Senators Dress Up for Seersucker Thursday

June 10, 2016 - photo frame

One day any year, visitors to the Senate can see many lawmakers and their staffers wearing lightweight, puckered seersucker suits in pinks and blues, a demeanour many ordinarily compared with Southern gentlemen and packet juleps.

It’s turn an annual Senate affair: “Seersucker Thursday,” when regulars get together to compensate reverence to a fabric’s storied Capitol Hill story and have a small bit of fun.

This year, Sen. Bill Cassidy of Louisiana orderly a event, finish with amicable media props like a seersucker design support and a card cutout of a seersucker fit for those who missed a character memo and wanted to post cinema underneath a hashtag #SeersuckerSelfie.

“It’s kinda fun, it’s bipartisan, it’s something that people can attend in and kind of see any other and grin and thumbs adult — it doesn’t matter anything else that’s going on,” Cassidy told ABC News.

It all started with Sen. Trent Lott, who in 1996 motionless to start a tradition of posing with his colleagues in seersucker (and white sire shoes, of course) as a approach to infer that, in his words, “the Senate isn’t only a garland of forbidding folks wearing dim suits and — in a box of group — red or blue ties.”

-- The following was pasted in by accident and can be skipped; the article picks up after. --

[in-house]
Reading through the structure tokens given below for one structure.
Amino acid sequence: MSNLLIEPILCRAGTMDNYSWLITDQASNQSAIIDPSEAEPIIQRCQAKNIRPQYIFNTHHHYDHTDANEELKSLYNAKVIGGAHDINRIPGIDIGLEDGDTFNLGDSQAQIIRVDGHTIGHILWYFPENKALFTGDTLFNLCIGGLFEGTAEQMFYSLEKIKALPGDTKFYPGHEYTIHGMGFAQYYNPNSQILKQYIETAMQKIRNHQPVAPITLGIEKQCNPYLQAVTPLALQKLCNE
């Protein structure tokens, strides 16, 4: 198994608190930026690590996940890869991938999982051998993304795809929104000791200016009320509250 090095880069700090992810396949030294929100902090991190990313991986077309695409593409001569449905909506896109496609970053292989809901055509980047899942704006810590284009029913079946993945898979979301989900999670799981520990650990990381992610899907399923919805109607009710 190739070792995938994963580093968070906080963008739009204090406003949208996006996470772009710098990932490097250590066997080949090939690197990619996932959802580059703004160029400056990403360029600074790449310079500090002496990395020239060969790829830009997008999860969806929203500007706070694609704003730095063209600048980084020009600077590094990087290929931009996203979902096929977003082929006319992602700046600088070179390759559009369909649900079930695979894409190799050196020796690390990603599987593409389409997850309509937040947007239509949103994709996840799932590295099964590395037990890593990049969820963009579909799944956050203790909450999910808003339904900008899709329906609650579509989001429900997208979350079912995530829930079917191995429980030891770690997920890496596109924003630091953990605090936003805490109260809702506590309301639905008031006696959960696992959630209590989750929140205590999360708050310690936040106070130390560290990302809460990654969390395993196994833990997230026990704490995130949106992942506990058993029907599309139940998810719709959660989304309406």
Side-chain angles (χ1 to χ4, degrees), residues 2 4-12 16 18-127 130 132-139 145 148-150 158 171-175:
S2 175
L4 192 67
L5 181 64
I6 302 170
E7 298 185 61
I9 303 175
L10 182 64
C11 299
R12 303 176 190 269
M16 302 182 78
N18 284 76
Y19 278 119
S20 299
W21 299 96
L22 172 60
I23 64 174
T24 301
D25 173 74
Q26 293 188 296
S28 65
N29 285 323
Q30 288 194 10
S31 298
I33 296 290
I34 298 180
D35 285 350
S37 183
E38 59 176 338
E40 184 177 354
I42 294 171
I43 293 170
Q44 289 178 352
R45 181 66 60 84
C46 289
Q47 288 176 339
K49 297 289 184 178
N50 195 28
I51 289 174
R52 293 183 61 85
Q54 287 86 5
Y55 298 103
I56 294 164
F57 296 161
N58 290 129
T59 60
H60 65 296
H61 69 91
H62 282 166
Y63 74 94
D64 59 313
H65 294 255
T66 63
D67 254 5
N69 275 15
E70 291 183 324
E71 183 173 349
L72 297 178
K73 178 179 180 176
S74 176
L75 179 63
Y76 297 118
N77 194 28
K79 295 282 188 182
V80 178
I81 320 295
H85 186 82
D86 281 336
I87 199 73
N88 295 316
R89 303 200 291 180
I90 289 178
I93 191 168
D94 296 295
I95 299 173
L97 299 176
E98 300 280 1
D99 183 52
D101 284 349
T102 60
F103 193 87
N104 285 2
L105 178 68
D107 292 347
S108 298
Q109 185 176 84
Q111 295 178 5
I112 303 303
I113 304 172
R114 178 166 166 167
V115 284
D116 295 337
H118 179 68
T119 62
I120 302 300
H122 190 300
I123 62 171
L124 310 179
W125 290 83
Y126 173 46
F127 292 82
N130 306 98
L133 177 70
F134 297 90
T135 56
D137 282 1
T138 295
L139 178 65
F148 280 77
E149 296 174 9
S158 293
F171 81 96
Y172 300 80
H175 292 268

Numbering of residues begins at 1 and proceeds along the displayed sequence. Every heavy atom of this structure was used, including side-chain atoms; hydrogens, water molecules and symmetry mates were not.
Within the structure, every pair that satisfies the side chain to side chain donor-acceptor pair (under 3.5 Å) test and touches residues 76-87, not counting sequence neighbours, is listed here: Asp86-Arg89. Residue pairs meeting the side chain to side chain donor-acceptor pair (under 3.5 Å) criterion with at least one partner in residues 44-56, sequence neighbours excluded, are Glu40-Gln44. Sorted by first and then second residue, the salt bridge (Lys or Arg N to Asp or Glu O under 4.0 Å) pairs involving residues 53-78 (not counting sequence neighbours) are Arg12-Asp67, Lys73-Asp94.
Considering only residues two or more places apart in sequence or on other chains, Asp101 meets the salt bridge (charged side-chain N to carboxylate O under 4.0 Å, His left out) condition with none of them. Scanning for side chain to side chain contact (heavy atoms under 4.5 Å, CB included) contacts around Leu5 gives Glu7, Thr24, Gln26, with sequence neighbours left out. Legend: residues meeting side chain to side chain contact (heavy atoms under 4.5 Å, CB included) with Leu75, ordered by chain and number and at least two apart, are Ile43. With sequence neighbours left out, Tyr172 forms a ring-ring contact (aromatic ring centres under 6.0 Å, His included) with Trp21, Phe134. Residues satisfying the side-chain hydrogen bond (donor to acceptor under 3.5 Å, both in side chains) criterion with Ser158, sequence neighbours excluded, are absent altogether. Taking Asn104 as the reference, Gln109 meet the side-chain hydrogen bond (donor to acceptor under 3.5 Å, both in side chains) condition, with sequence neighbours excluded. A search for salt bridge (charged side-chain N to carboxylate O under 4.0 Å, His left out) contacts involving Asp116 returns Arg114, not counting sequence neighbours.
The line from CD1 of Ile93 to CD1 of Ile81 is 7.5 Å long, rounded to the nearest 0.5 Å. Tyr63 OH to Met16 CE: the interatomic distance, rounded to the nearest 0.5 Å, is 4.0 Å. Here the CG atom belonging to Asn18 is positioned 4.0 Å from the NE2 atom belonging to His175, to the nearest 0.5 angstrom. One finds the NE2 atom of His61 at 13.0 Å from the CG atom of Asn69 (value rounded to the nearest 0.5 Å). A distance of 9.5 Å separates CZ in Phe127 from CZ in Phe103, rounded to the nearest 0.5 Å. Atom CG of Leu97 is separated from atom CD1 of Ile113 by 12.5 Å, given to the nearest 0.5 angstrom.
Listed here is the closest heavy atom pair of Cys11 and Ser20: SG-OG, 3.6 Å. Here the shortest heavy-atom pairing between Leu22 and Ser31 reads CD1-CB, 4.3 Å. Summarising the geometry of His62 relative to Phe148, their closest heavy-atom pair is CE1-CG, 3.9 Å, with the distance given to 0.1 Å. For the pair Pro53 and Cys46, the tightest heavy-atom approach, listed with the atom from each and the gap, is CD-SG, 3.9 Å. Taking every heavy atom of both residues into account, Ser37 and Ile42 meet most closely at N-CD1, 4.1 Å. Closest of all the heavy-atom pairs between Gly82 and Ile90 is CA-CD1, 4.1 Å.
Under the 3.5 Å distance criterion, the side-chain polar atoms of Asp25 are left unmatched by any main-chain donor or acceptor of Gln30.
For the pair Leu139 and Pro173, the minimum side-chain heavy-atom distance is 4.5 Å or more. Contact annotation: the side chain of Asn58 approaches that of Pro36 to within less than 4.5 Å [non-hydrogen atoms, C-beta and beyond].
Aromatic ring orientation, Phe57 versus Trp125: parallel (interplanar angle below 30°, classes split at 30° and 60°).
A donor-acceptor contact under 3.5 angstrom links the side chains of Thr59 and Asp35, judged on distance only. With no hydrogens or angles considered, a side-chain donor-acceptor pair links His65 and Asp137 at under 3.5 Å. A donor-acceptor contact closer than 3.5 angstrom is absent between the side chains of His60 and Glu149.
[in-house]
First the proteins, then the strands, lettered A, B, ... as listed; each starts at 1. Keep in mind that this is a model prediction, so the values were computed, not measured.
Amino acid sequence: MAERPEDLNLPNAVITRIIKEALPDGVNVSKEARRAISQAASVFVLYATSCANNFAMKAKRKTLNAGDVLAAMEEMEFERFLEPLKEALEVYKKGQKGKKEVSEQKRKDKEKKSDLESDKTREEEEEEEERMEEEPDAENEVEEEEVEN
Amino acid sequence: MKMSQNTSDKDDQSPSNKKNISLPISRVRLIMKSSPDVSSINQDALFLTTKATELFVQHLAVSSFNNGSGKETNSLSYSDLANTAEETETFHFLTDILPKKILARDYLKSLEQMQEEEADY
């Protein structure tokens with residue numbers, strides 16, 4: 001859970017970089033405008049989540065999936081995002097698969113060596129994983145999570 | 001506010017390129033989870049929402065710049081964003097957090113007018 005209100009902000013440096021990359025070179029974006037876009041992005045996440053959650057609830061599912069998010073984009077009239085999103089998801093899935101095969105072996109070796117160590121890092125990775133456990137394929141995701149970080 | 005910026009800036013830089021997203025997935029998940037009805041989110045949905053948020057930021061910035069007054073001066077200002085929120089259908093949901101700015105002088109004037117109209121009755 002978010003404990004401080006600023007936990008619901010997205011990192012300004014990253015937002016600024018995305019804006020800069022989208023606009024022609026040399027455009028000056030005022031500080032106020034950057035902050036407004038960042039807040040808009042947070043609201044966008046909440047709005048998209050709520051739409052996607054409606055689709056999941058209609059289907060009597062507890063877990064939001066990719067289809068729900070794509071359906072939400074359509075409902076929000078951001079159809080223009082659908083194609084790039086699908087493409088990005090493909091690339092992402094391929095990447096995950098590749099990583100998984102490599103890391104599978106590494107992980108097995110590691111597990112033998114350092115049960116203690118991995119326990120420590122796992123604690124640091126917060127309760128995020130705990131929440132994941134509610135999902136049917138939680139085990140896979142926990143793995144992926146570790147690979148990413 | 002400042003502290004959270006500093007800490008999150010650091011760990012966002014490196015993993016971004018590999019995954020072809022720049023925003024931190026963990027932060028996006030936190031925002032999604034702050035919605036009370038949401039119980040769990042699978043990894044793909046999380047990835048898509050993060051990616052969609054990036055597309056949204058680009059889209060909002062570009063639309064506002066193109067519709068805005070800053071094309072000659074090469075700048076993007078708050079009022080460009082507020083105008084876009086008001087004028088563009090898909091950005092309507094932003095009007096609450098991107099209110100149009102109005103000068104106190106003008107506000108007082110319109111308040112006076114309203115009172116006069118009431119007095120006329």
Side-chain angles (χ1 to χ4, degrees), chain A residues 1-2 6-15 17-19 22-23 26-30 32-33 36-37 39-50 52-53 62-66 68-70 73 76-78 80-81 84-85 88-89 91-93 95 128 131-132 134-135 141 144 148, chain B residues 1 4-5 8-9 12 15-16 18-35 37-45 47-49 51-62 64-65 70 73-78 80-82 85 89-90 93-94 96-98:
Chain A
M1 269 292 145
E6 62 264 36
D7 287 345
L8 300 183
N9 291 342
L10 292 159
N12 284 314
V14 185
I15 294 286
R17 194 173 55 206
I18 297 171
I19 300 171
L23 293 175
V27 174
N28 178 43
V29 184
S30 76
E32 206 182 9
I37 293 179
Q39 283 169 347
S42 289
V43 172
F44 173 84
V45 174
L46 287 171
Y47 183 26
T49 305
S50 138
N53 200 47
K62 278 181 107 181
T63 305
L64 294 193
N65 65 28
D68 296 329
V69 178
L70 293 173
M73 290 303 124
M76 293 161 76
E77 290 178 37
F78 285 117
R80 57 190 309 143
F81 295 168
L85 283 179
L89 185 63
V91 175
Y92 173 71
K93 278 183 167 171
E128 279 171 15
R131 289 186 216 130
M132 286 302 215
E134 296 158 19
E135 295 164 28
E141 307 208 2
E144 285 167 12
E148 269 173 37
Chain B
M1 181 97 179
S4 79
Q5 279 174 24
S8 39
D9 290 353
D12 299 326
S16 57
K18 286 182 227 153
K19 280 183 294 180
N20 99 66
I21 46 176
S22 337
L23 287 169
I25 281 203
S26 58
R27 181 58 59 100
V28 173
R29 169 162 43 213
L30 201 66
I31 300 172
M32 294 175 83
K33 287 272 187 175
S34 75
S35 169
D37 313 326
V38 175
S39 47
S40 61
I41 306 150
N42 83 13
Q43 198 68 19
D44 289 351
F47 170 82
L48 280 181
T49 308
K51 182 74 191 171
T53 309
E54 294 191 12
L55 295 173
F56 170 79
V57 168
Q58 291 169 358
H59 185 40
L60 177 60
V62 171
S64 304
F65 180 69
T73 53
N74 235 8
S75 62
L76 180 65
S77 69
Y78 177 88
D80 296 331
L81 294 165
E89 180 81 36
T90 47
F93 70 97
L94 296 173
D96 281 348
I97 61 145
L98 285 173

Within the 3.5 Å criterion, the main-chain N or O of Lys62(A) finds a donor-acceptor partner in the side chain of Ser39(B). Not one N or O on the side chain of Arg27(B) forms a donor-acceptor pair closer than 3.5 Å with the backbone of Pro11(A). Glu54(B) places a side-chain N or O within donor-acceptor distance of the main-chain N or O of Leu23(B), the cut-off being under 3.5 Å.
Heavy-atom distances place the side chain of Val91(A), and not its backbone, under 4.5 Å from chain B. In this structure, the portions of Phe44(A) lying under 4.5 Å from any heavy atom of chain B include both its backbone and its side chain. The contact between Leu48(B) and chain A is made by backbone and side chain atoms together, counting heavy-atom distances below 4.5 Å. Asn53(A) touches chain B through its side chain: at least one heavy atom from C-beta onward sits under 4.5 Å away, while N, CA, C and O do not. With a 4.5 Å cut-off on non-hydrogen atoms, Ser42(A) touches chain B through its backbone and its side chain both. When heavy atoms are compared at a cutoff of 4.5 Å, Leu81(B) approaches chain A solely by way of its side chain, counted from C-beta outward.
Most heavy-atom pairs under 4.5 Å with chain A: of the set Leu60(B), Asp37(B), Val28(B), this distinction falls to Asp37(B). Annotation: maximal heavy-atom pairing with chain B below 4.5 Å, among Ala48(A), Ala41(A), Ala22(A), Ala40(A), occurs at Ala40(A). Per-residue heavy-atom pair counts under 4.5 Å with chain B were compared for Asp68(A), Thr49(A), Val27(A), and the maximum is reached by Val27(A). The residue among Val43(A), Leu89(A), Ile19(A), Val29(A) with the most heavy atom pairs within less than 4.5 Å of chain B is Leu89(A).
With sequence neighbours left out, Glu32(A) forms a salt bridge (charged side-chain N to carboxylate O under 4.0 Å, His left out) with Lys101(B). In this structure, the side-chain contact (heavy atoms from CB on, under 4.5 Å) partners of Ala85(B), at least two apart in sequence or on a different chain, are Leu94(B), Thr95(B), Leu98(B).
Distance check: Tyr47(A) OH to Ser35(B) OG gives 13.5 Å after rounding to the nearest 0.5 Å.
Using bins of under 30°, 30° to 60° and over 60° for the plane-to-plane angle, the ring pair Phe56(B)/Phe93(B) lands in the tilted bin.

The tradition also has a roots in Capitol Hill history. In a early 20th century, lawmakers would customarily switch to seersucker in a summer months before Congress had atmosphere conditioning.

Lott’s eventuality began as an all-men’s affair, though in 2004, Sen. Dianne Feinstein of California motionless she wanted to get a women of a Senate in on a act also. However, many of her womanlike colleagues didn’t possess seersucker suits, so Feinstein got all of their measurements and had bespoke suits done as gifts.

During this year’s print op, Sen. Susan Collins of Maine was wearing a fit Feinstein gave her.

“It’s that old!” she joked.

“I have to say, we know because Southerners are in adore with seersucker,” Collins continued. “Because it unequivocally does breathe, it’s cool, it doesn’t fold easily. And it is good fabric for a South. It’s not something you’re going to see me in a seashore of Maine really often.”

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